In tracing the rise of the modern idea of the American “new woman,” Lynn Dumenil examines World War I’s surprising impact on women and, in turn, women’s impact on the war.
Telling the stories of a diverse group of women, including African Americans, dissidents, pacifists, reformers, and industrial workers, Dumenil explores both the roadblocks and opportunities they faced.
By using a gendered approach to the war, she offers a complex rendering of the ways in which the United States mobilized for the coming battle and how American women helped support the largest military endeavor in the nation’s history. Arguing that in contrast to prevailing notions that military service defines citizenship, Dumenil shows how women activists staked their claim to loyal citizenship by framing women’s war work as industrial workers, home-front volunteers, overseas nurses, and support personnel as “the second line of defense.”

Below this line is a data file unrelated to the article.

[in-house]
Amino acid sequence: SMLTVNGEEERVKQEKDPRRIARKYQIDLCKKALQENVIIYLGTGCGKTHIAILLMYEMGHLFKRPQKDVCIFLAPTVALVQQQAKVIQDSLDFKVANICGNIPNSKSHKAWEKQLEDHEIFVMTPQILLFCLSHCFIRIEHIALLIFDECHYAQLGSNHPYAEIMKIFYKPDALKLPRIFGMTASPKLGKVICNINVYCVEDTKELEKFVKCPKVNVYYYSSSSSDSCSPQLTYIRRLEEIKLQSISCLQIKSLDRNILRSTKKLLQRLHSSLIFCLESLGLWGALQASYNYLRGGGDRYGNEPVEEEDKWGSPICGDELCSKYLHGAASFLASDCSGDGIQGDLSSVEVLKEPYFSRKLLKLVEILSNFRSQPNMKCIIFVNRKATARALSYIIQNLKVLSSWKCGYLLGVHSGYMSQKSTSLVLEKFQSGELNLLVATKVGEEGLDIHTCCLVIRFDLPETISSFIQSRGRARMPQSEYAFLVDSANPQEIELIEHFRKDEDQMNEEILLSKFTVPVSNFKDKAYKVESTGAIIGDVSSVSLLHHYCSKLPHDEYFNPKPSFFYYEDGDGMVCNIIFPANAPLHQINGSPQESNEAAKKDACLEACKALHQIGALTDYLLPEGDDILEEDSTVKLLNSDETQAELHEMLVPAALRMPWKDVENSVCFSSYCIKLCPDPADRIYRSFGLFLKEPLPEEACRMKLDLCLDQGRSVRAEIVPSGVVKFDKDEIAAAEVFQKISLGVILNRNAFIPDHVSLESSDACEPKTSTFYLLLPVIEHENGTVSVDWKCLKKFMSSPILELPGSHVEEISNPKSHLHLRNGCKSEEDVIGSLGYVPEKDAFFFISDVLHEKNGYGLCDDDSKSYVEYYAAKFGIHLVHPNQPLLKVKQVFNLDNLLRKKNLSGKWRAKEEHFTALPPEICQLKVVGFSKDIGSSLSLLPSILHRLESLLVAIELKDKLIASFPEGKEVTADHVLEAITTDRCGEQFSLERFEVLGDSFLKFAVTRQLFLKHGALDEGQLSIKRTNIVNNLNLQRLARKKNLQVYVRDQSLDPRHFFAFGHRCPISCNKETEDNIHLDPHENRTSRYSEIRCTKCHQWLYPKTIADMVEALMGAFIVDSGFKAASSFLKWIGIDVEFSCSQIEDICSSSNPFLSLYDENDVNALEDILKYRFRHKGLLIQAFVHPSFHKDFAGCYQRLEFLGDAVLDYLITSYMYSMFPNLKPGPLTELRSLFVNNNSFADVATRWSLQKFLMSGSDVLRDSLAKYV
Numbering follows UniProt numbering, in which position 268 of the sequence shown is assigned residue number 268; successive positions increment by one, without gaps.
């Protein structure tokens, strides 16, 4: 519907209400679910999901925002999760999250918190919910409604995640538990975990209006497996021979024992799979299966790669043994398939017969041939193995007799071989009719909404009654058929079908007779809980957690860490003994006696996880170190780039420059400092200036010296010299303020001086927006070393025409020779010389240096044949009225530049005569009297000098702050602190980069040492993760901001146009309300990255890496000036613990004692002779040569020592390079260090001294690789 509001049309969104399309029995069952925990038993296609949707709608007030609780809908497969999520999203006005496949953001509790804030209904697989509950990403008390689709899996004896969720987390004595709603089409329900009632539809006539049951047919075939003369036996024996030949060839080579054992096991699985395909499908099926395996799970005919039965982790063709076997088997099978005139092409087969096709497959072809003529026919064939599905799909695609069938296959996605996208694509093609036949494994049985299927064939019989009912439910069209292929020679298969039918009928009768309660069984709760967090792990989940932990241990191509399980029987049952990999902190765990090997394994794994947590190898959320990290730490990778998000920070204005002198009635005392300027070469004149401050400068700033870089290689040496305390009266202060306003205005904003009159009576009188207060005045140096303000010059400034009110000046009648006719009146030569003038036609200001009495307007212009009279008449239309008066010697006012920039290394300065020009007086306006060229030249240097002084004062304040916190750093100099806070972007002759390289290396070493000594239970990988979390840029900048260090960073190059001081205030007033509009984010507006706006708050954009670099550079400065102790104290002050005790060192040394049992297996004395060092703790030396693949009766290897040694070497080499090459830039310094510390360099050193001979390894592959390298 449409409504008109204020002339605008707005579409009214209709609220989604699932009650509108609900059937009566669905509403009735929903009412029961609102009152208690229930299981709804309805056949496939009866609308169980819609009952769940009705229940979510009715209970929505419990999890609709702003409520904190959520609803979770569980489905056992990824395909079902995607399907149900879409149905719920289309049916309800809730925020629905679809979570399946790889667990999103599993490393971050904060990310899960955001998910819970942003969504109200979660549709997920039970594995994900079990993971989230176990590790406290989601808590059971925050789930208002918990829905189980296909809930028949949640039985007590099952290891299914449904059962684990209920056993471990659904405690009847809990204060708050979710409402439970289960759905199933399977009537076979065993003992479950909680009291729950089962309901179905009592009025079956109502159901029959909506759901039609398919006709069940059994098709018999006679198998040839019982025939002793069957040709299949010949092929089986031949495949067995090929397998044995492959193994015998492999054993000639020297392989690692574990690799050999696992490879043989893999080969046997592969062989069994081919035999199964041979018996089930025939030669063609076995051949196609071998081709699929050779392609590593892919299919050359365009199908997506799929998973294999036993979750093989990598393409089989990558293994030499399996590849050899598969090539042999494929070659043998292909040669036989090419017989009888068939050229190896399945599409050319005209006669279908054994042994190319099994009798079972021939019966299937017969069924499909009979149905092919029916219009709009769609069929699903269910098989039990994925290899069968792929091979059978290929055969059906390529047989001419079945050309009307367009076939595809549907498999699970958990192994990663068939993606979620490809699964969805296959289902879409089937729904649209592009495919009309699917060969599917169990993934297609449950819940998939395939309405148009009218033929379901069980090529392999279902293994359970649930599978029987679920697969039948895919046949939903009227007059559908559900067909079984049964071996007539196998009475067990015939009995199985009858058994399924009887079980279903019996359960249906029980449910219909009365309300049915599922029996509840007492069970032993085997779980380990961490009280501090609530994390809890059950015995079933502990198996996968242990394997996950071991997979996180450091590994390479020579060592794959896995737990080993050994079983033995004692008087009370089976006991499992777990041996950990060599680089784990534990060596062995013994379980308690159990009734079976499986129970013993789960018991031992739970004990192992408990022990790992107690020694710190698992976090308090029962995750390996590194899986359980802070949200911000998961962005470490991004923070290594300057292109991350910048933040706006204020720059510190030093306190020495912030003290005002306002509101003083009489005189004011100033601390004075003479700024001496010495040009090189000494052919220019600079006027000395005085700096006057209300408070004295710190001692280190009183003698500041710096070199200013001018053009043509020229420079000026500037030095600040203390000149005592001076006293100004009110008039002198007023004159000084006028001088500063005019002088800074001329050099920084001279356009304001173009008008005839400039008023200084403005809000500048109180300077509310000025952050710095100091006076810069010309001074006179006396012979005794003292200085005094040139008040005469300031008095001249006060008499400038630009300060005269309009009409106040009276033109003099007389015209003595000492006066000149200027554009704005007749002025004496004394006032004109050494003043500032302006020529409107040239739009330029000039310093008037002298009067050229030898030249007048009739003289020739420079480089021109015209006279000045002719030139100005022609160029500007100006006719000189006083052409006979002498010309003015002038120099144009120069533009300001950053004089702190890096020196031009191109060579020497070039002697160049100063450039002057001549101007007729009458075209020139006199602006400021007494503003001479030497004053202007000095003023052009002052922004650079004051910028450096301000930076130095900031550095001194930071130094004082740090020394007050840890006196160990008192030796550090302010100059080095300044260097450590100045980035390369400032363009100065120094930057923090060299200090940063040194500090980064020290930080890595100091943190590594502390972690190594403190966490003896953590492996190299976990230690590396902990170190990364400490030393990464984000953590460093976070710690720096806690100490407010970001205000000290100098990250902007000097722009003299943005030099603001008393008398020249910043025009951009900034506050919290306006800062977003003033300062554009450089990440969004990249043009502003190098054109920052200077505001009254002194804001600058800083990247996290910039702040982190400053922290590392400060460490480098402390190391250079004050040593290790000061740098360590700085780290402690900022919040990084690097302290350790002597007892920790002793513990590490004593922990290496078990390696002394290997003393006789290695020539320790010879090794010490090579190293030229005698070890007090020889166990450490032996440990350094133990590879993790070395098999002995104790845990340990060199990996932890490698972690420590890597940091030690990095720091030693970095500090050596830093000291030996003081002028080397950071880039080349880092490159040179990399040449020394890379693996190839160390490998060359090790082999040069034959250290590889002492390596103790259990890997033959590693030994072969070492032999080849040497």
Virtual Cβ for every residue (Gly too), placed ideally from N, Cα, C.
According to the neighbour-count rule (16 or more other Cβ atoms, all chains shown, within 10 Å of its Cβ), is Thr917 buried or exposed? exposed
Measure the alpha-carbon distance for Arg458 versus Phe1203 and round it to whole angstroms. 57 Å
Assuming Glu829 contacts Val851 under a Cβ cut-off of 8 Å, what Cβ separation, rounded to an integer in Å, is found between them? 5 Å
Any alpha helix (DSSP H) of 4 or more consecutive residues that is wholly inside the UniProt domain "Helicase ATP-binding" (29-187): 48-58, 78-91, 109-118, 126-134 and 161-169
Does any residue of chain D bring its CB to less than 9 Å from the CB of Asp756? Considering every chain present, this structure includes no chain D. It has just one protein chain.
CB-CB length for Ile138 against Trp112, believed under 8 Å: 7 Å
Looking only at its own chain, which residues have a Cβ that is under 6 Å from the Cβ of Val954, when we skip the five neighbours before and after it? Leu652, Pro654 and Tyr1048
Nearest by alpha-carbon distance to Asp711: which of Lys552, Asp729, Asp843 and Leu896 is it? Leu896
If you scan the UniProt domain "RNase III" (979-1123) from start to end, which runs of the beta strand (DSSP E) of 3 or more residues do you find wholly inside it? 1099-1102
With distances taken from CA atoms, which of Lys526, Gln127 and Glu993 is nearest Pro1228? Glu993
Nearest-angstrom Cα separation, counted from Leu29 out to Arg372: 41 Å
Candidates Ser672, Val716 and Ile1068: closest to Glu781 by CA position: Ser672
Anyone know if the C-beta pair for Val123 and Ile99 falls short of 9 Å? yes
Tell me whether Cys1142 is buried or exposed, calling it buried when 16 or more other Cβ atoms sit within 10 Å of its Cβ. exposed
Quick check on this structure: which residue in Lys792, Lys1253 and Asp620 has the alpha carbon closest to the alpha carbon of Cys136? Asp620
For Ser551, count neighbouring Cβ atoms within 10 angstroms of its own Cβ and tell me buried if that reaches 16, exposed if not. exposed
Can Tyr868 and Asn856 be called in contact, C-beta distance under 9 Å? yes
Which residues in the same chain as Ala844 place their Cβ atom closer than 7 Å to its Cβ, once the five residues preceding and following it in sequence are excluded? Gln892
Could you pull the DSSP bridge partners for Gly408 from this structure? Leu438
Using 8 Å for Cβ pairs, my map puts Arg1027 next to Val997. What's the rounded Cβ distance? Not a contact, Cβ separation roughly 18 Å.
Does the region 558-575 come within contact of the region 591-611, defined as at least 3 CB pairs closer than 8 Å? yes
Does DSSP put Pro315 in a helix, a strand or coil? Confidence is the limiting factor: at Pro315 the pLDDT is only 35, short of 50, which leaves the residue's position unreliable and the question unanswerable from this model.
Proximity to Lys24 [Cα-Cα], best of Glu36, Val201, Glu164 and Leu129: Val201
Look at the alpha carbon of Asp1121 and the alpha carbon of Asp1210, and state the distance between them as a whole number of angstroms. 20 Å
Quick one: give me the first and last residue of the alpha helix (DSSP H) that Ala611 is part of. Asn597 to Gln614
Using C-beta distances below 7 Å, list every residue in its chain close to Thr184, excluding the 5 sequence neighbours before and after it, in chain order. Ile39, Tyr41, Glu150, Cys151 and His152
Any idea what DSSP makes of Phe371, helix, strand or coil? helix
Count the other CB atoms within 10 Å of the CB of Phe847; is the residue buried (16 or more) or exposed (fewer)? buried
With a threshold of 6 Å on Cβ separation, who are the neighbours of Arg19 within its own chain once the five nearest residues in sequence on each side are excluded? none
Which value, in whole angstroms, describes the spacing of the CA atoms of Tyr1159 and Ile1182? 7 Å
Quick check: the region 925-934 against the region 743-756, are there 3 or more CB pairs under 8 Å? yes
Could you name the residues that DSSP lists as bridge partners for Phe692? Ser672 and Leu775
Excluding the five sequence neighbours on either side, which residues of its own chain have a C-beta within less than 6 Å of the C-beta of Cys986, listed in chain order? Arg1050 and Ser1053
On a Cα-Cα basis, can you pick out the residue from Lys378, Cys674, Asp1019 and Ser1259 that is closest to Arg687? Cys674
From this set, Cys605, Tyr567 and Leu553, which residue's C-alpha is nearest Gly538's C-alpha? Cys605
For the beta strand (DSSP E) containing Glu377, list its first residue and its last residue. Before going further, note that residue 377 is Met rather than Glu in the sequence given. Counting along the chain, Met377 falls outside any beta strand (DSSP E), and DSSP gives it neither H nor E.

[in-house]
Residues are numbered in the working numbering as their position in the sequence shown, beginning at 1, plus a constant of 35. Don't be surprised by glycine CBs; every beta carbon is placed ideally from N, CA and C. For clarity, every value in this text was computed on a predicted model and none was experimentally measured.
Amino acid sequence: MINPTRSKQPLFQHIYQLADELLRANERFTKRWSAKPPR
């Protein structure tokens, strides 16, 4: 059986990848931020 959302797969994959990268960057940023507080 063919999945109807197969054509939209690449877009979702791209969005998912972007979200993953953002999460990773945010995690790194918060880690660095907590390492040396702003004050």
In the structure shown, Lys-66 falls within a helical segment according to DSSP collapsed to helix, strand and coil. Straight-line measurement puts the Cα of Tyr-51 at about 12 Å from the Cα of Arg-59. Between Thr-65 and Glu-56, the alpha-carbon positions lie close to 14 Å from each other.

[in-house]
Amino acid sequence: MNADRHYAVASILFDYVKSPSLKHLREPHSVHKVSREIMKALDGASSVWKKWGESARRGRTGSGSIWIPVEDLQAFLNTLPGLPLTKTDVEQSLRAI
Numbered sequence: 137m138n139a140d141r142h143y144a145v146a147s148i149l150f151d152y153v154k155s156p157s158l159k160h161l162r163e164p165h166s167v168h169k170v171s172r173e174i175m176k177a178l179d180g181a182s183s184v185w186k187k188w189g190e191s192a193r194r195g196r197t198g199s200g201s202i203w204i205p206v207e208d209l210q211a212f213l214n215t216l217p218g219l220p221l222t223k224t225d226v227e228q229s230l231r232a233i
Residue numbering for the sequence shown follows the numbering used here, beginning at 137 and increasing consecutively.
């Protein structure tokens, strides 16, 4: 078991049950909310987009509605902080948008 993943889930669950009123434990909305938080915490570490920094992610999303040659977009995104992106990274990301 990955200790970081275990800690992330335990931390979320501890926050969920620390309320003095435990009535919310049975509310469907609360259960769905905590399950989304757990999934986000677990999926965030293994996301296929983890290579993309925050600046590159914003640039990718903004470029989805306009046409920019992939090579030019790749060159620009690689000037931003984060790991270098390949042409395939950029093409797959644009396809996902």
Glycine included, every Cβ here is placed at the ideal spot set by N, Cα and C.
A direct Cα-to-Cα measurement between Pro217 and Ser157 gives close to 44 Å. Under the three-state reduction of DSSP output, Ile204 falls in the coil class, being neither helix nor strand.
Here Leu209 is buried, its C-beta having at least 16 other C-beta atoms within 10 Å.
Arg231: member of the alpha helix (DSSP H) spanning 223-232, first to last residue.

Extensively researched and drawing upon popular culture sources as well as archival material, The Second Line of Defense offers a comprehensive study of American women and war and frames them in the broader context of the social, cultural, and political history of the era. Download and start listening now!